Wind Turbines to Boost Biodiversity in Coral Reefs

environment

Coral Reefs to be grown on Wind Turbines to help with sea life

Wind Turbines to Boost Biodiversity in Coral Reefs
Photo by Nicholas Doherty on Unsplash

The development of non-invasive wind turbines for the growth of coral reefs colonies is a promising way to boost biodiversity, while avoiding environmental impacts. To make this possible, Orsted biologists partnered with academic and private coral experts to develop the ReCoral project. The team has successfully grown juvenile corals on steel and concrete substrates at a test facility in the Orsted’s quayside development.

ReCoral project

In a world first, Orsted is attempting to grow corals on wind turbine foundations to boost biodiversity. The project relies on a non-invasive approach that involves the collection of surplus coral egg bundles. These corals otherwise would not survive in coral ecosystems. The research team also hopes to use the new system to compensate for the effect of coral bleaching, which is a result of global warming.

The ReCoral project will be tested in an open ocean trial in June in Taiwan’s Greater Changhua offshore wind farms. It will involve four separate wind turbine foundations. In the meantime, Orsted will work with Taiwan’s Penghu Marine Biology Research Center to develop a non-invasive method for coral seeding and larvae transport. Once the larvae are attached to wind turbine foundations, they will eventually be grown in a controlled environment

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This is a world first for an offshore wind farm. The Danish energy company plans to plant corals on offshore wind turbine foundations to boost biodiversity. The project will use washed-up coral larvae collected from beaches to grow healthy coral colonies. As the water temperature is relatively constant, the project should reduce the risk of coral bleaching. The project also aims to prevent global warming from destroying tropical coral reef ecosystems.

The ReCoral project is a huge step towards protecting marine ecosystems. Coral reefs are vital to the life of one billion people on earth. They are the source of new food and jobs for local people. And they are also important for the health of the planet. The project’s success could be the start of a global revolution to boost biodiversity. But there are some hurdles to overcome before it gets to that point.

Orsted plans to grow corals on offshore wind turbine foundations, in order to reduce the negative impact on the ecosystem. The project also plans to use the underwater steel structures to grow juvenile corals. In the past, it was found that most of the corals will be in a critical state by 2050. The reefs also help to reduce the force of waves pounding the shoreline.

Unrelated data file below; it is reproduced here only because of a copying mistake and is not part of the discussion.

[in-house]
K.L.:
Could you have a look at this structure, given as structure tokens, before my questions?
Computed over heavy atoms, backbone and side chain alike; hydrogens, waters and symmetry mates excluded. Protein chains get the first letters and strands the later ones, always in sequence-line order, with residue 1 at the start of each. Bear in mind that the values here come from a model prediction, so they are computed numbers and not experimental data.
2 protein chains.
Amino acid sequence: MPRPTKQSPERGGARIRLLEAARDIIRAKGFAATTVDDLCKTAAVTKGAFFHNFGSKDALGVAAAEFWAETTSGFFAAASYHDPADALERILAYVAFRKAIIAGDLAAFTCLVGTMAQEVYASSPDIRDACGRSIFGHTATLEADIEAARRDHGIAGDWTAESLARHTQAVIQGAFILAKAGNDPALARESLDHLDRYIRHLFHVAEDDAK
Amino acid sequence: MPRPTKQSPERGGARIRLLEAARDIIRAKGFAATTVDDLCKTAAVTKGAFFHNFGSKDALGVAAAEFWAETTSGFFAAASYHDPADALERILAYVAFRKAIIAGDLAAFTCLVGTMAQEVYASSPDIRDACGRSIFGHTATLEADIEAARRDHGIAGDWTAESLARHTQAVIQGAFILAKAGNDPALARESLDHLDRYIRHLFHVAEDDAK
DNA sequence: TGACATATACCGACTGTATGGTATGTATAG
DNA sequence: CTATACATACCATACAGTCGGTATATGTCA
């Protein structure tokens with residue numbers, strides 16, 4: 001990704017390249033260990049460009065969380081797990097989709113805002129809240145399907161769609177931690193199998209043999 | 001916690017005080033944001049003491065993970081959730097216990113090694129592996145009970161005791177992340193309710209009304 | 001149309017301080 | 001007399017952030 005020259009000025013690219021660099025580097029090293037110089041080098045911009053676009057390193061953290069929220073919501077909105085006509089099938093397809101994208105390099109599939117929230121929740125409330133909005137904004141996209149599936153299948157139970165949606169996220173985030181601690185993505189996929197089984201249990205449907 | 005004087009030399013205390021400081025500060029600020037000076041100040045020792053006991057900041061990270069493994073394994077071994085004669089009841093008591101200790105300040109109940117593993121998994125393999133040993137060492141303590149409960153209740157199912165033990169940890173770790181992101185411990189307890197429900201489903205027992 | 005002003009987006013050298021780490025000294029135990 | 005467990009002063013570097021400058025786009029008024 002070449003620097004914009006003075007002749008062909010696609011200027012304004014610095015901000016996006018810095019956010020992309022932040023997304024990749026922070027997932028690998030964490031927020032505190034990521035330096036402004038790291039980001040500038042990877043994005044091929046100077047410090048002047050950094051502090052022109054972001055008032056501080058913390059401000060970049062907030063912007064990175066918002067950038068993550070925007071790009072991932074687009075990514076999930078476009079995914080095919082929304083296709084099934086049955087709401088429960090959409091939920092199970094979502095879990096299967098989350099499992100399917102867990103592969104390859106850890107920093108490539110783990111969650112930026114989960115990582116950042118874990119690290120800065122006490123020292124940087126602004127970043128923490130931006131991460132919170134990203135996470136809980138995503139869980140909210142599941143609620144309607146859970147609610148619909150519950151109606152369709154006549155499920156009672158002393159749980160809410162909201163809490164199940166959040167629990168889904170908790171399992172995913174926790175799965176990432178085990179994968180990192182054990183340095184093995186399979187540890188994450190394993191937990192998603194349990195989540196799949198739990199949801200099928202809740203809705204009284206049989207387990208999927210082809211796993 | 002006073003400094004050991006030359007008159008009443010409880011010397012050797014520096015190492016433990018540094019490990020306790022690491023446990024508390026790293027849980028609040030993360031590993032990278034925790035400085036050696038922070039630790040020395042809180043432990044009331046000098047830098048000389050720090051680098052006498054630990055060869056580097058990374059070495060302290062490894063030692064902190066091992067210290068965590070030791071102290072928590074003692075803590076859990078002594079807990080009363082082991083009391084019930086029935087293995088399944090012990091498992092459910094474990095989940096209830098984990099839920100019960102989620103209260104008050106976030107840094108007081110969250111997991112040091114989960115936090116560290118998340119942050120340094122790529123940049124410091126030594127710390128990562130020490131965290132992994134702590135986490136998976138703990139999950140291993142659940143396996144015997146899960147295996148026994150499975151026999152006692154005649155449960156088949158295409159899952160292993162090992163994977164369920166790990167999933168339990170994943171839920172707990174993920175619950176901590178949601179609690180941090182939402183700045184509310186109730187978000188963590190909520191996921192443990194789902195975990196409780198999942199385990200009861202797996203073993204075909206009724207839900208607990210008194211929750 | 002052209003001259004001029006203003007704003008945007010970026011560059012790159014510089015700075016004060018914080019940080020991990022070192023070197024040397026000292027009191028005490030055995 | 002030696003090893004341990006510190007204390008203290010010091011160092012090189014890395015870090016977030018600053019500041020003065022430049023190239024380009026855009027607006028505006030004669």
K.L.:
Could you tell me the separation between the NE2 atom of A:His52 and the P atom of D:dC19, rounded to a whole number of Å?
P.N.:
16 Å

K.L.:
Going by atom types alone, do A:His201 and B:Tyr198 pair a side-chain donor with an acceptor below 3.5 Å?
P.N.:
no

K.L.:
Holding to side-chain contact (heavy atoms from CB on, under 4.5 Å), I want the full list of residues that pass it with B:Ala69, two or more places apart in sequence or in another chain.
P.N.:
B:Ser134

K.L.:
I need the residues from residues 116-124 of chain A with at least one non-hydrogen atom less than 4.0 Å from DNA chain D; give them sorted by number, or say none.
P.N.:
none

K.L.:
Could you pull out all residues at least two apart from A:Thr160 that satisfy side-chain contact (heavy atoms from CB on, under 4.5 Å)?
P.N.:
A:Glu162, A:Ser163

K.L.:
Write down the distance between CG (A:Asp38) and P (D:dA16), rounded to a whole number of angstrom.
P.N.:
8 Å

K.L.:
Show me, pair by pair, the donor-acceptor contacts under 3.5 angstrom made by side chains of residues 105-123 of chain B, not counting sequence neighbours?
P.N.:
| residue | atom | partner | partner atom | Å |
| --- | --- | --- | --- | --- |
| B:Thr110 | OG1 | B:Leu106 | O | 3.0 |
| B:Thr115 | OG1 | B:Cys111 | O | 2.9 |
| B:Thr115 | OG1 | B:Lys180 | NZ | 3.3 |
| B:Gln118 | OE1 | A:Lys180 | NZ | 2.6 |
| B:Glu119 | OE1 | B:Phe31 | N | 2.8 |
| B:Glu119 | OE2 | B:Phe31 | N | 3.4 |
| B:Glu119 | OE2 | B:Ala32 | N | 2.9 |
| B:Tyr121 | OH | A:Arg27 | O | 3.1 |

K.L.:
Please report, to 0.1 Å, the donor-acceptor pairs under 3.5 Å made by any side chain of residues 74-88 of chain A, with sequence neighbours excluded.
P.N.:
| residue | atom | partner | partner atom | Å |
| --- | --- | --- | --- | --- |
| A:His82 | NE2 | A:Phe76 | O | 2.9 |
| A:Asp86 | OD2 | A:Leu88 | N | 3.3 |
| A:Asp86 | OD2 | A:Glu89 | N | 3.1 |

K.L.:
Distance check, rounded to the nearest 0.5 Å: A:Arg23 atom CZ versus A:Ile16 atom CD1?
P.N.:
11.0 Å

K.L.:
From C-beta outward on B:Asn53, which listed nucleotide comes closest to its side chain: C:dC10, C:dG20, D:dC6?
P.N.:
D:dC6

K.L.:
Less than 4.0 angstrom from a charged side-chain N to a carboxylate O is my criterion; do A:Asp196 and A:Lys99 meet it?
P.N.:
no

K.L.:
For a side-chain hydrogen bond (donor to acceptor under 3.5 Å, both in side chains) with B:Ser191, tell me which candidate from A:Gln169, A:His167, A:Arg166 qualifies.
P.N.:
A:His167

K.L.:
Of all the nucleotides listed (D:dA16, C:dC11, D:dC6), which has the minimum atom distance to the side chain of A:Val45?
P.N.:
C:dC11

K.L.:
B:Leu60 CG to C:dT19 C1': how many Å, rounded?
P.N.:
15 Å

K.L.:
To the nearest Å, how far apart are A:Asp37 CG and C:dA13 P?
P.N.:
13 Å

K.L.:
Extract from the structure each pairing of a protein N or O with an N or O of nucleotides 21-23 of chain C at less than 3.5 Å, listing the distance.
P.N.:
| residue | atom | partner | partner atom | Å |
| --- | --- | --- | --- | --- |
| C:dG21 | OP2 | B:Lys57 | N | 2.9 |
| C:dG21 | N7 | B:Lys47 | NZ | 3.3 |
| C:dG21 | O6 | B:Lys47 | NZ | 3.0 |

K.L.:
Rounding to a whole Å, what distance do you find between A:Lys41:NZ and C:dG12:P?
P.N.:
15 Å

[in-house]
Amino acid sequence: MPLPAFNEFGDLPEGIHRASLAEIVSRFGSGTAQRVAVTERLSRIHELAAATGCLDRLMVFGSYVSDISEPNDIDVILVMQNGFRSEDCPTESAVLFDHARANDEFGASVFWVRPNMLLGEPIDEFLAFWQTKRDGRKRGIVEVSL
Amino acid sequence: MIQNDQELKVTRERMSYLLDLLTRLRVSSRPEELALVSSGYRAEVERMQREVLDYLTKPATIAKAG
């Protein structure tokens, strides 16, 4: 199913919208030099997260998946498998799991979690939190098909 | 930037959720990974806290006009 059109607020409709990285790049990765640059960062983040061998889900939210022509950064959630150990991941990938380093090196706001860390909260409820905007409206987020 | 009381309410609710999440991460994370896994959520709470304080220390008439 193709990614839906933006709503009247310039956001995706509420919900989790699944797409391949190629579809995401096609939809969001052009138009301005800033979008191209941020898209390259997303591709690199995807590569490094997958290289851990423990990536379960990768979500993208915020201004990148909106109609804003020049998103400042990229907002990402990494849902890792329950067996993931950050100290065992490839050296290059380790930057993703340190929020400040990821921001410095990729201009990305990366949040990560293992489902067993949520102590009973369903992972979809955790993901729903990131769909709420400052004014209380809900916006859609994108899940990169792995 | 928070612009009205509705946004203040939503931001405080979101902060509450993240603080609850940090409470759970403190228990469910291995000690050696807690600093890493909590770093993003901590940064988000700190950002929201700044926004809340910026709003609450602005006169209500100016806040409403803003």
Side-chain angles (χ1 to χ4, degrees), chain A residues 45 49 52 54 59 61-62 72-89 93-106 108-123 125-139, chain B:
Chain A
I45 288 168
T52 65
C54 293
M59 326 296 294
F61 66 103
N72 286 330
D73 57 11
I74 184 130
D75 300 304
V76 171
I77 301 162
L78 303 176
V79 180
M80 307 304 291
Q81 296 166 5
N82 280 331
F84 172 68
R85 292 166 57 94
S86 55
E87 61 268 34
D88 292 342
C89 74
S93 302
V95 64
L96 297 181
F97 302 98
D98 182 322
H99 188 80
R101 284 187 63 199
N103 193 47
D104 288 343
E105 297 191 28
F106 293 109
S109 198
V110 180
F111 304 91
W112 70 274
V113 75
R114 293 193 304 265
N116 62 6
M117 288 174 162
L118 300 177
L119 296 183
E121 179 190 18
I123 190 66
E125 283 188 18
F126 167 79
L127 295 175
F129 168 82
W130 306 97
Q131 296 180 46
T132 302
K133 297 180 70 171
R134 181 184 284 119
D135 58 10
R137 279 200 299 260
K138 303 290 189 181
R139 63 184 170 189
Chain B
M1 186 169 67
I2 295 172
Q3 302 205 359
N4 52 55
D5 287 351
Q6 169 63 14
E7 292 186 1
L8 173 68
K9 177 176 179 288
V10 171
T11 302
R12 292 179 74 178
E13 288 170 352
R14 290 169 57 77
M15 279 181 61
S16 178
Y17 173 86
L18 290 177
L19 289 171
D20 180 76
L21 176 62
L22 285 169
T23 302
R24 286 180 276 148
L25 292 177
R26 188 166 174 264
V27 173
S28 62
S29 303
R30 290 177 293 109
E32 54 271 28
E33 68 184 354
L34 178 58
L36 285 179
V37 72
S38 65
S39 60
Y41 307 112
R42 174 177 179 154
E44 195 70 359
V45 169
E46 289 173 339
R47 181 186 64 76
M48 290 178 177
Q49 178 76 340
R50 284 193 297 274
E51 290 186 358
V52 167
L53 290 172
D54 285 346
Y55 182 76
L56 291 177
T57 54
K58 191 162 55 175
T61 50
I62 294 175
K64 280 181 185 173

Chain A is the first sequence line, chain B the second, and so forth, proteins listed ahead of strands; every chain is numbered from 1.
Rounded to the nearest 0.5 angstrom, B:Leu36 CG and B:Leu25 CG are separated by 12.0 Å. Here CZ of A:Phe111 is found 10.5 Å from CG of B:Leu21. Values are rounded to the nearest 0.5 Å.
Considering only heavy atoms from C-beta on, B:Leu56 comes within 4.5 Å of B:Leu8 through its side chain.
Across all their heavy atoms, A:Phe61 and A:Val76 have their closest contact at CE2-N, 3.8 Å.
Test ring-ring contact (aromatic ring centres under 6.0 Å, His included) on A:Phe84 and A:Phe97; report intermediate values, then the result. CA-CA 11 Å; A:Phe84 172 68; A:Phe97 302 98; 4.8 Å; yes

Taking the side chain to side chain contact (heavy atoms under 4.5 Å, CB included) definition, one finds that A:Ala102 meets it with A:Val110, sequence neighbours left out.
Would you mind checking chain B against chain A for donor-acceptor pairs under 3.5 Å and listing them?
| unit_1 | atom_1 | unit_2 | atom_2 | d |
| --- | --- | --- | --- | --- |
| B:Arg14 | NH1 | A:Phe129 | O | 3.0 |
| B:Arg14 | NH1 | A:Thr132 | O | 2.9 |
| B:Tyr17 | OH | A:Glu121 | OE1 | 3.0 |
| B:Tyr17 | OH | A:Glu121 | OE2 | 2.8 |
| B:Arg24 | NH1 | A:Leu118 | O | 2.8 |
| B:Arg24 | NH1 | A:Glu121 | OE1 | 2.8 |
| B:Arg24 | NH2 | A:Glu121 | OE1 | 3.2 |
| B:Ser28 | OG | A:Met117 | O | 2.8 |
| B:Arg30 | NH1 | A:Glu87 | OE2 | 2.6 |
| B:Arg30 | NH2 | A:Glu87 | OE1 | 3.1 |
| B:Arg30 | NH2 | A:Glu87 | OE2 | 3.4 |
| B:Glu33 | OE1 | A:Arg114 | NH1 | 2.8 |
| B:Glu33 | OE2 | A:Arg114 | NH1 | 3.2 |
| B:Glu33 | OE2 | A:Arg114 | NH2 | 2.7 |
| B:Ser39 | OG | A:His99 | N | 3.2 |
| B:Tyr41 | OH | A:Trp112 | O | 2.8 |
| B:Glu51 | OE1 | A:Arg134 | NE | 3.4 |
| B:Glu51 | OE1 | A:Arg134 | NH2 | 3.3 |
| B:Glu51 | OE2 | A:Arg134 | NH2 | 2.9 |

Impacts of OWFs on marine ecosystems

In addition to determining how OWFs affect ecosystems, it is also necessary to assess whether these developments can mitigate negative effects on the environment. In the North Sea, national development plans may extend beyond 2050. Monitoring long-term potential effects of OWF development is essential for identifying OWFs that are least likely to affect marine ecosystems. There is a long-term lag between that development and the implementation of environmental protection legislation.

The UK’s OWF contributes the largest portion of the EA’s CEA score (70.6%). Other countries contributing a lesser portion include Germany, the Netherlands, and Denmark. The OWFs within the UK’s EEZ have a similar pattern of impacts, peaking between 2020 and 2025. However, the impact of OWFs on fish species in the Dutch and German marine spaces is more variable.

One of the main challenges of studying its effects on marine ecosystems is the mismatch between the spatial scales of the research. Anthropogenic activities can have a global impact, and their transboundary nature poses spatial challenges. In addition, scientists often allocate species to specific areas based on survey data that are collected at discrete locations and moments in time. This approach ignores the fact that many marine species are highly mobile, which complicates the analysis of their abundance.

OWFs have the potential to reduce OM deposition and mineralization processes. In the study, it was found that the combined effects of multiple OWFs reduced the OC load in sediments outside of the OWF. This was partly due to the fact that most OM is mineralized in surficial sediment layers, consuming oxygen.

A combination of these factors resulted in a significant reduction of oxygen in the surrounding waters.

OWFs significantly changed carbon cycling in sediments. In both the current and future scenarios, deposited OC returned less efficiently to the water column. In addition, additional deposition translated into increased anoxic mineralization rates, while oxic mineralization was reduced. As a result, total benthic mineralization increased between 9.7 and 11% within OWFs and 0.2 to 0.5% in surrounding sediments.